The only things I know about SHS are that he used to watch the Swans games for free by leaning a ladder against the East Terrace (christ knows how many times he must have fallen off that ladder in utter disbelief at the shit play on display) and that he was responsible for numerous damages to ear drums whilst his 'Highways' programme was on the box.Here is one of the better items to come from Adelaide Street which I feel does the man more justice than I ever could:
SIR Harry Secombe was a natural clown and one of Britain's best-loved entertainers.
He had a genius for slapstick and buffoonery and was a founder of one of Britain's most revered comedy shows, The Goon Show.
Whether he was Neddy Seagoon, Sir Cumference or just plain Harry Secombe, his falsetto giggles spilling through to an inevitable raspberry were unmistakable.
But he was also a singer with a classical tenor voice that sometimes moved people to tears, an actor, a writer and a tireless charity worker.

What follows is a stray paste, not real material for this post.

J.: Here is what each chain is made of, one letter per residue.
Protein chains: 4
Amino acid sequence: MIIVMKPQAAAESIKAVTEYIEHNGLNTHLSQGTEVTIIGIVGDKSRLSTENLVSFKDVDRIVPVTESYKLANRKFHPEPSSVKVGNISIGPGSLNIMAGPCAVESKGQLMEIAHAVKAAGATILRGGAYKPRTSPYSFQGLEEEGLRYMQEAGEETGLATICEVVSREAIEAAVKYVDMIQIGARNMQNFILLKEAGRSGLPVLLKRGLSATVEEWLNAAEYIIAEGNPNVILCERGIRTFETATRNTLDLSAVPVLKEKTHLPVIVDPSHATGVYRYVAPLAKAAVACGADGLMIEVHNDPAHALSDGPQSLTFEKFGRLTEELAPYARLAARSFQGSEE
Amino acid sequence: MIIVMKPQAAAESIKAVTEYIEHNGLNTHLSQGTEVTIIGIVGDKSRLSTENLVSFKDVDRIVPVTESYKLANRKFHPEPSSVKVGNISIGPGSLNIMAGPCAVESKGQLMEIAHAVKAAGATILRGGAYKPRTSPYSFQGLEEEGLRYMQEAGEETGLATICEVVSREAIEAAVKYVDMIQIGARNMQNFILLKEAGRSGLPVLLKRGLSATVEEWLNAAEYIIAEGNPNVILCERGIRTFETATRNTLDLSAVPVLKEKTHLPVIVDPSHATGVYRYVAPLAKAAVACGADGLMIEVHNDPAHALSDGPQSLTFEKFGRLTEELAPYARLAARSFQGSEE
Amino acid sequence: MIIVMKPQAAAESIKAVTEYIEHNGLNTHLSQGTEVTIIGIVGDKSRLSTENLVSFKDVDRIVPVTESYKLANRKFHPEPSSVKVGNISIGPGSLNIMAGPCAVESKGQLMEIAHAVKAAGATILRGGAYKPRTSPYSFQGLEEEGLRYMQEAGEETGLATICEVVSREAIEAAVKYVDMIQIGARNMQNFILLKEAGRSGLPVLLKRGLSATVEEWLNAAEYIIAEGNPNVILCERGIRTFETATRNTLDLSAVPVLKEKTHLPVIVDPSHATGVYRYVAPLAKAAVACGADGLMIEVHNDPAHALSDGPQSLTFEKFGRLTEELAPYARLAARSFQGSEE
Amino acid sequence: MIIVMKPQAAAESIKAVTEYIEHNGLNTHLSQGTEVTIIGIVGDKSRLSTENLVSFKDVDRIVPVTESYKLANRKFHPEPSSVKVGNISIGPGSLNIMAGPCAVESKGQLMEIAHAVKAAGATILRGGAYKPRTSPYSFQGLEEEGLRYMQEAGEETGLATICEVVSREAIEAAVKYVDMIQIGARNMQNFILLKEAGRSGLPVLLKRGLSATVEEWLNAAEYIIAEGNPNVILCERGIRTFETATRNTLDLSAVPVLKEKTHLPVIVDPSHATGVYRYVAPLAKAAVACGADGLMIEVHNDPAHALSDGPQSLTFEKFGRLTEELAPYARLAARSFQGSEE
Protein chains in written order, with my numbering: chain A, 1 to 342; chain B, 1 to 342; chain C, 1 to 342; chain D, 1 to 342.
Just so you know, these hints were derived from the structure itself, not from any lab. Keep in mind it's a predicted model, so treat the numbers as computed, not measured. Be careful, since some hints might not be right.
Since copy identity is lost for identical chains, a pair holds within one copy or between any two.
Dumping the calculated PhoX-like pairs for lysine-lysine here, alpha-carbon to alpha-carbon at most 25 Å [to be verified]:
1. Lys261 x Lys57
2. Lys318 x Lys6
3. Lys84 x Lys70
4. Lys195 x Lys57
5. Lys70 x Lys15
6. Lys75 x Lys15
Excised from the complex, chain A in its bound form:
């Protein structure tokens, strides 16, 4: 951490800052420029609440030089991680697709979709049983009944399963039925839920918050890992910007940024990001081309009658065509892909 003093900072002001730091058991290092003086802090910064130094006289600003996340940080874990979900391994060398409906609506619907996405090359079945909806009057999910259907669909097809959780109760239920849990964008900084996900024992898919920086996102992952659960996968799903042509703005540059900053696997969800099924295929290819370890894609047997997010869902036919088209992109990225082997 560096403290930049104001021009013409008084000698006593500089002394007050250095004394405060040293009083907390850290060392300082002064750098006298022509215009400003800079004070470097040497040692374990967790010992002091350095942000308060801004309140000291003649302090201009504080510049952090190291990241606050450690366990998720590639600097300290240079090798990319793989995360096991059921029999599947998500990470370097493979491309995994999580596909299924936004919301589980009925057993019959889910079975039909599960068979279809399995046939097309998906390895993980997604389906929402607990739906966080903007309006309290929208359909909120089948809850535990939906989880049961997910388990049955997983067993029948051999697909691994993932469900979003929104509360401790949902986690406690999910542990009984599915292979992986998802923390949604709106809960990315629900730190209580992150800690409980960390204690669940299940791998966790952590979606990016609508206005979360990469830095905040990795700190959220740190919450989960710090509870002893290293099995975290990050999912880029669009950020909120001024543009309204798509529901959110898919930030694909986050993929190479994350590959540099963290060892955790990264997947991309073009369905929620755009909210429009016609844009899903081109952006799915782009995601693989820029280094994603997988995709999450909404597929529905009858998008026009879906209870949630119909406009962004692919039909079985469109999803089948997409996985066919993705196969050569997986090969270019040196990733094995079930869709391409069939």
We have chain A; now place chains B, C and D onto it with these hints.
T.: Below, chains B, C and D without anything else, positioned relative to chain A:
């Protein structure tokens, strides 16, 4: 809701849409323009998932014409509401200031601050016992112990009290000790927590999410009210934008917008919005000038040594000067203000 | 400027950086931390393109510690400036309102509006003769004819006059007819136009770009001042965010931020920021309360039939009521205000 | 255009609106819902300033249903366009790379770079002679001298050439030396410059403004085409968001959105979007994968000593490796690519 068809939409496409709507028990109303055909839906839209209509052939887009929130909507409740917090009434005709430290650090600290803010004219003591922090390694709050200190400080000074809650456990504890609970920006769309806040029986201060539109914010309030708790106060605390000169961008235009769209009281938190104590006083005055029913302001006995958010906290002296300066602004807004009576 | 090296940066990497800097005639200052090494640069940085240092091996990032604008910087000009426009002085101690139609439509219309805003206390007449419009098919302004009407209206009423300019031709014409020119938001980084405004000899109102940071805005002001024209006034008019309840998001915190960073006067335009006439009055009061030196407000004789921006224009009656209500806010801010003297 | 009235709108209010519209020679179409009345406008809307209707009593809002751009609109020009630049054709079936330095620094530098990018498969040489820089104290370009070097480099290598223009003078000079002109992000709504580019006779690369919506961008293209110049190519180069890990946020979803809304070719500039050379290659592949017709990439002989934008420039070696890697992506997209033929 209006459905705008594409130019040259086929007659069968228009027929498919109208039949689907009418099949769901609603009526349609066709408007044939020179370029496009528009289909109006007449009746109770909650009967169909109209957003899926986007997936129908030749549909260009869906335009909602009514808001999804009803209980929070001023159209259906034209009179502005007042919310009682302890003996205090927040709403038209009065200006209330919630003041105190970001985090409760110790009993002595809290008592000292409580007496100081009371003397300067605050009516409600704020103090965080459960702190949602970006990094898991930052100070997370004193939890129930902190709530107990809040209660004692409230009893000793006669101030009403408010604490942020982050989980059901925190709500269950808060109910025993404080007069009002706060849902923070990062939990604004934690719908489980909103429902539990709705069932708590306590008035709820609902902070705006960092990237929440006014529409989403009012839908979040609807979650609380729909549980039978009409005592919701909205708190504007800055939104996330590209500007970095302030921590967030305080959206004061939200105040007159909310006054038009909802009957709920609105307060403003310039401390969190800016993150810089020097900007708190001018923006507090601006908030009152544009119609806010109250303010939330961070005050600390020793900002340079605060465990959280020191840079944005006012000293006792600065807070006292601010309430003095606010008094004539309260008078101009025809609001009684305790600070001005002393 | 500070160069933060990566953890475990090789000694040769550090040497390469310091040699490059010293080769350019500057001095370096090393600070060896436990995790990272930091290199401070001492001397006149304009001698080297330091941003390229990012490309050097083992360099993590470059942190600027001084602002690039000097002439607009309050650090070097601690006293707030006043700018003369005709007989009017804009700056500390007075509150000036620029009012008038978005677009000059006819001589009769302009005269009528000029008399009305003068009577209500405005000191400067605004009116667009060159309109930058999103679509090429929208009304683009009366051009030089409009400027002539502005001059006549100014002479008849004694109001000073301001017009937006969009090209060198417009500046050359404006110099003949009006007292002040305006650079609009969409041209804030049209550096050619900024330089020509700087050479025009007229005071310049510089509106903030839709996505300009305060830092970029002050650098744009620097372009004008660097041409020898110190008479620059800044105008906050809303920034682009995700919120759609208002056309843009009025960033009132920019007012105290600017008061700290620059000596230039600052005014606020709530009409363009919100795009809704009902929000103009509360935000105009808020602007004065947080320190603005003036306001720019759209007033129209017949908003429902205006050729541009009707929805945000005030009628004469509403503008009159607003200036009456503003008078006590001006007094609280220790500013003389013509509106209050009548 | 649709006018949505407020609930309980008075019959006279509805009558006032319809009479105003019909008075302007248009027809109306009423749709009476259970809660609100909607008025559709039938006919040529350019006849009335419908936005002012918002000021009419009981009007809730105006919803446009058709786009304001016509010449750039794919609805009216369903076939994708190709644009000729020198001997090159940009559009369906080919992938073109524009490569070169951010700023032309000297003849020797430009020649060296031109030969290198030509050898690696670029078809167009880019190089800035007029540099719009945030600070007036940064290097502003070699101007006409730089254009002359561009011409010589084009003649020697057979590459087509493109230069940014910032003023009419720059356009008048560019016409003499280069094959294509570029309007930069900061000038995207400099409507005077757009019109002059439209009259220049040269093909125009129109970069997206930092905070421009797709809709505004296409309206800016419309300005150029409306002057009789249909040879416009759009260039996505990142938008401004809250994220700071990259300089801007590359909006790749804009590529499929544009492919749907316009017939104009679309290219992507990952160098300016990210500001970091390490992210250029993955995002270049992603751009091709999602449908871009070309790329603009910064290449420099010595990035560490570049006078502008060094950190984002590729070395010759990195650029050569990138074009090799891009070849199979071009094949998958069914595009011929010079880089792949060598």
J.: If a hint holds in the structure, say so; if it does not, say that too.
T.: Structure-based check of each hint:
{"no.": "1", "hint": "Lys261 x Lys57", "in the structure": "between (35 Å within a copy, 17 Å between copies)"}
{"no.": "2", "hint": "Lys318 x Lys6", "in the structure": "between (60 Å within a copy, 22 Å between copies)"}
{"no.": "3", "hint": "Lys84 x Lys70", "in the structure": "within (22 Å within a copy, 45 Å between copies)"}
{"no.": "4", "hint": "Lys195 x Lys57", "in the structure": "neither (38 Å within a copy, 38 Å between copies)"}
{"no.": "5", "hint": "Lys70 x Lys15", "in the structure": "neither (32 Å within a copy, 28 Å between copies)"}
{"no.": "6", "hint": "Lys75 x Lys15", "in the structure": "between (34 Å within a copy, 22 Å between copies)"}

Sir Harry was held in great affection by his peers as well as fans, who included royalty and prime ministers such as Lord Harold Wilson and John Major.
In later years, however, he became best known for his Sunday night programme, Highway, a "God-slot" show he began for Tyne Tees television in 1983.
It was a series he had great affection for, meeting people doing worthy things for the community, from nurses to politicians.
Here is some more info on big H by someone who must be deaf - "fondly remembered for his fine Welsh tenor voice, which made the music of Christian praise a thing of beauty" - whoever wrote this cannot be for real!
Sir Harry Secombe (1921-2001) - Known and loved around the world as Neddie Seagoon, Sir Harry Secombe must take the credit or the blame for defining comedy for a generation. He and his Goon Show mates Peter Sellers, Spike Milligan, and Michael Bentine made radio comedy not merely an art form but a language, a culture... a religion!
Harry will also be fondly remembered for his fine Welsh tenor voice,
which made the music of Christian praise a thing of beauty and found
true glory in the music of the male voice choir. He was knighted in
1981. The very model of a jolly fat man, his brand of jollity was a
powerful thing, which taught by example that life is a thing to cherish
and to celebrate. He died at the age of 79, a victim of prostate cancer.
In the words of Prince Charles, himself a devoted fan, 'He will be profoundly
missed by all those people who appreciate wit and unmalicious humor.'